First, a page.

Toconao Travel Guide

  • Toconao, and the looming Licancabur volcano
    Toconao, and the looming Licancabur...
    by Glospi
  • Quebrada de Jerez canyon
    Quebrada de Jerez canyon
    by Glospi
  • Sunset colors on a Toconao wall
    Sunset colors on a Toconao wall
    by Glospi

Toconao Things to Do

  • Toconao square and chime tower

    by Glospi Updated Jan 1, 2005

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    Dating from around 1750, the chime tower is in the main square ("plaza"), and although it belongs to the San Lucas church, it is not next to it, but in front of it across the narrow cobblestoned street.

    Two interesting features make it special: it was built using the same volcanic stone bricks, which were put together using mud, and its door, made entirely in tamarugo wood and using no nails -nor anything metallic- at all; to assemble it, leather and vegetal ropes were used and wood planks were tied together.
    This chime tower is reproduced in most volcanic stone souvenirs sold in Toconao, San Pedro and the Norte Grande, so if it looks somewhat familiar to you, you already know why.

    The local church dates from a few years earlier than the chime tower (probably from around 1744), and is cozy and well-kept.
    It is not usually open to visitors off the religious service times, although its guardian opens it at the arrival of tour groups; a small tip is paid by the tour operators, but rarely expected from visitors themselves.

    Both the church and the chime tower are National Monuments.
    The local religious festivity is held on October 18

    Nikon F4s, Nikkor 20 mm., 1/60 sec., f. 11, POL filter, Kodak Ektachrome Elite 100 Professional slide film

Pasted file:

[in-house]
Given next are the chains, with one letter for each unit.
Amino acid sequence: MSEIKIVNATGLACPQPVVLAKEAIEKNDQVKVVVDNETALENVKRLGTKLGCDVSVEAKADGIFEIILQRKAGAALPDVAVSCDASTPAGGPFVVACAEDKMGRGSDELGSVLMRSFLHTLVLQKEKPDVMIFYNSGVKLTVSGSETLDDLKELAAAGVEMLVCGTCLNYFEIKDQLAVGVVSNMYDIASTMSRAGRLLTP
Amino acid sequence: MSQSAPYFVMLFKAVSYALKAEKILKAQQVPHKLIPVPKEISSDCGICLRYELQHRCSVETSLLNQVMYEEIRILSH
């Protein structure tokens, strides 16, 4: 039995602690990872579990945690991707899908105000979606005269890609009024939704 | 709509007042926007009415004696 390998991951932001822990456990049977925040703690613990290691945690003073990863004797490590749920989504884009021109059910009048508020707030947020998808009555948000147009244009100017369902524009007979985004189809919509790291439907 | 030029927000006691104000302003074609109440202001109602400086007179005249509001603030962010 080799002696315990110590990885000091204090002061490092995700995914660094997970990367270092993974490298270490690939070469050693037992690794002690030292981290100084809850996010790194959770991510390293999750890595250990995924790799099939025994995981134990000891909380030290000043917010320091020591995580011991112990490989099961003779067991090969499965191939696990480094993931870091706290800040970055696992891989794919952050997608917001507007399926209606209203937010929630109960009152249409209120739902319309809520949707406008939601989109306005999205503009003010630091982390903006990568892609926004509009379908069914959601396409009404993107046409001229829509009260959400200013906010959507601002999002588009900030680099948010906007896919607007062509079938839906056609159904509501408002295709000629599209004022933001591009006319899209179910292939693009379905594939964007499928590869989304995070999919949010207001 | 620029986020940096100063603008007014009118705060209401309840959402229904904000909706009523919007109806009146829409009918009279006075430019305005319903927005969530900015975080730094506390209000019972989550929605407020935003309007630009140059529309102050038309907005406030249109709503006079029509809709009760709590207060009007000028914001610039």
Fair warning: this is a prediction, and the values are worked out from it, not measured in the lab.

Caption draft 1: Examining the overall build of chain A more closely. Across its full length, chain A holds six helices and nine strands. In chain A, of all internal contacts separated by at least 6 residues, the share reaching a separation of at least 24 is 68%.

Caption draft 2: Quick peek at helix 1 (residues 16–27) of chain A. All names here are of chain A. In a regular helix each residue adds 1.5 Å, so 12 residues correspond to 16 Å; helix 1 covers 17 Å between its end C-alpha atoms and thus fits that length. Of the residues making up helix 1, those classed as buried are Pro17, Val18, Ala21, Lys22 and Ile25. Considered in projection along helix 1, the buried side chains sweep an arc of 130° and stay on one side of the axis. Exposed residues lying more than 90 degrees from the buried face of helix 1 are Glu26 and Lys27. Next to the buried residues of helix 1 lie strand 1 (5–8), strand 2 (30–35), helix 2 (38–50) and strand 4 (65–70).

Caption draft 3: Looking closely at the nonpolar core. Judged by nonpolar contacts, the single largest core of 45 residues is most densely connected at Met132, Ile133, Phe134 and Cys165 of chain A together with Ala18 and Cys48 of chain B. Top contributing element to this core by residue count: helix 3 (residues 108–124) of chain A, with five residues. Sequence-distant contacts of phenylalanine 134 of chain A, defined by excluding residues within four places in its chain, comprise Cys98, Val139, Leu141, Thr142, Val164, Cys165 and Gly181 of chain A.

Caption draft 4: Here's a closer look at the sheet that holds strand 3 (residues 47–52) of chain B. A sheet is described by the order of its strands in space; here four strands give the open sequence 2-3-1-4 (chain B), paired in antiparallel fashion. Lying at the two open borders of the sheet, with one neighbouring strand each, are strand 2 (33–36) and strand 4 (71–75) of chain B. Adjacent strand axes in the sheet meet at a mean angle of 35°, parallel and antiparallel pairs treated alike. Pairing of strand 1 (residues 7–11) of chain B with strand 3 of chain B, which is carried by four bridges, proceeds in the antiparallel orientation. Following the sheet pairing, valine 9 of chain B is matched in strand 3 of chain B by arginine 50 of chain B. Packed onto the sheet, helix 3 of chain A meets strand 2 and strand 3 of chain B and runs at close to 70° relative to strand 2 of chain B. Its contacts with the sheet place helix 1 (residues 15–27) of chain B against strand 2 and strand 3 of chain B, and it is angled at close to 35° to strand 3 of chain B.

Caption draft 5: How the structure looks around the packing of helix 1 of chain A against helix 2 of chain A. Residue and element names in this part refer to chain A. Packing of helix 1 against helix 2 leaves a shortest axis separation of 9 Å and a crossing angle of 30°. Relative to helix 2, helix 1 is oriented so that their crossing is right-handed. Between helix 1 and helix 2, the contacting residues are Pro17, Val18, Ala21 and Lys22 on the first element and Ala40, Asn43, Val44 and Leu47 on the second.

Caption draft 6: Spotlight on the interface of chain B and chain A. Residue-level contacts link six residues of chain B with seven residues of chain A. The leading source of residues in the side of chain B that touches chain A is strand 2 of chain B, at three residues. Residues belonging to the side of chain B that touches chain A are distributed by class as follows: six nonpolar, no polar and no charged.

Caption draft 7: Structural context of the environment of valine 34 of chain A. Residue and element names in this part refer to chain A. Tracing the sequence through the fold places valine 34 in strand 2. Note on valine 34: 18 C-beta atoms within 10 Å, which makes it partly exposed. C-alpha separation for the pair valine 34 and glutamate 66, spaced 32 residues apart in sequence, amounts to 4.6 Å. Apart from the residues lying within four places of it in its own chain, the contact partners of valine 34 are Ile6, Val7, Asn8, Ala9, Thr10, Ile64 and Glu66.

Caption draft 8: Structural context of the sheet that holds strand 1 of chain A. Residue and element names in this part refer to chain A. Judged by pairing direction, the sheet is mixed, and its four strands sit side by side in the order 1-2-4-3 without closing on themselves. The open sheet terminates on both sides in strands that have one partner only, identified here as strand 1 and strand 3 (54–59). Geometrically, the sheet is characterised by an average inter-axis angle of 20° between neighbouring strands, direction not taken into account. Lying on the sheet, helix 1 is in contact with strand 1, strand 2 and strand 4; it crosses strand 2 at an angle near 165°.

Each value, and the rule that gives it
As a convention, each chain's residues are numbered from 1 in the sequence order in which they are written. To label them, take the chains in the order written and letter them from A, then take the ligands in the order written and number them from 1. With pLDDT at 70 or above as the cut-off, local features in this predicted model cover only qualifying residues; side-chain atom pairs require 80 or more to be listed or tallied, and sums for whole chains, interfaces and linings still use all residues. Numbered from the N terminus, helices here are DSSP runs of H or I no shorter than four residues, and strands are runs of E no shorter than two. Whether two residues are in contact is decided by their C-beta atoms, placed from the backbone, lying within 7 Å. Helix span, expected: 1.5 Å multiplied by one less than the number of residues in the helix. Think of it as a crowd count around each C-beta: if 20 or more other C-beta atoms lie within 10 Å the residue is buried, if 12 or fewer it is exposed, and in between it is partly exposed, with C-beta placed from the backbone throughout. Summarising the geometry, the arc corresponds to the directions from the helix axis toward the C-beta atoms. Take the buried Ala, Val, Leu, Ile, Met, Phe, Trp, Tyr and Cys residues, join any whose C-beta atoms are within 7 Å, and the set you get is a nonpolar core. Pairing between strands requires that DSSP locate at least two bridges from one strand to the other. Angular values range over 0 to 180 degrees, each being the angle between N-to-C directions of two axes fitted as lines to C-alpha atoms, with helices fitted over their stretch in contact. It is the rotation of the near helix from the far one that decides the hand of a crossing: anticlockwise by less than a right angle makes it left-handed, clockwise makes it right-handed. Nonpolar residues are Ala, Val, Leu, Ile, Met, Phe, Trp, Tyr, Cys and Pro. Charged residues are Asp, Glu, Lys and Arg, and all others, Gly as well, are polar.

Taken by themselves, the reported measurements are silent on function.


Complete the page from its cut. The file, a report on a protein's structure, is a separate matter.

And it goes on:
Related to:
    • Architecture
    • Road Trip
    • Historical Travel

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  • Volcanic stone wall and gate in Toconao

    by Glospi Updated Jan 1, 2005

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    Toconao's main feature is its distinctive architecture: volcanic stone bricks and slabs ingeniously assembled to build houses, walls and even pathways, in the same manner as their ancestors did from centuries ago.
    Check the assemblying in those buildings, and see how their builders managed to create a fairly precise match, although in these days, mortar is been used to fill the spaces in between and make the construction process faster and in accordance with modern requirements.

    Apart of that, the winding streets and narrow alleys will always keep something interesting for a photographer around the corner: old wooden doors, windows, shepherds, the landscape in perspective... the best light hours are those after 4 PM in summer, when the Sun falls from a westerly direction, creating a beautiful "depth" effect on houses and mountains.

    Also, walk directly to the W (downstreet) and find any entrance path through the orchards; these are private owned, but wandering travellers are always greeted and left alone to wander at will. After crossing the orchard strip, there is a fine sand area, and the desert.

    Photo: Nikon F4s, Nikkor 20 mm., f.5,6, 1/20 sec., POL filter, Kodak Ektachrome Elite 100 Professional slide film

    Related to:
    • Architecture
    • Backpacking
    • Desert

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  • Quebrada de Jerez canyon

    by Glospi Updated Jan 1, 2005

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    The Quebrada de Jerez (Jerez Creek) is a quite hidden, fresh spot of green located east of town.
    "Finding" it is a surprise by every means, as it appears suddenly out of the desert dry crust like a green mirage.
    It is visited by tours en route to the Salar (salt pan), although the time given to visit it is quite short, and is not worth the $ 1000 entrance fee levied by the local indigenous community, which is not included in the tour price, and is valid for a whole day stay (one does it better by visiting it on one's own).
    Despite this, exploring the narrow canyon is an extremely pleasant, refreshing and peaceful adventure, and if you want, you can camp anywhere in it.
    Campsites with showers, toilets and tables are built in the area nearest to the entrance, but the real interest is found walking upstream for as far as you can.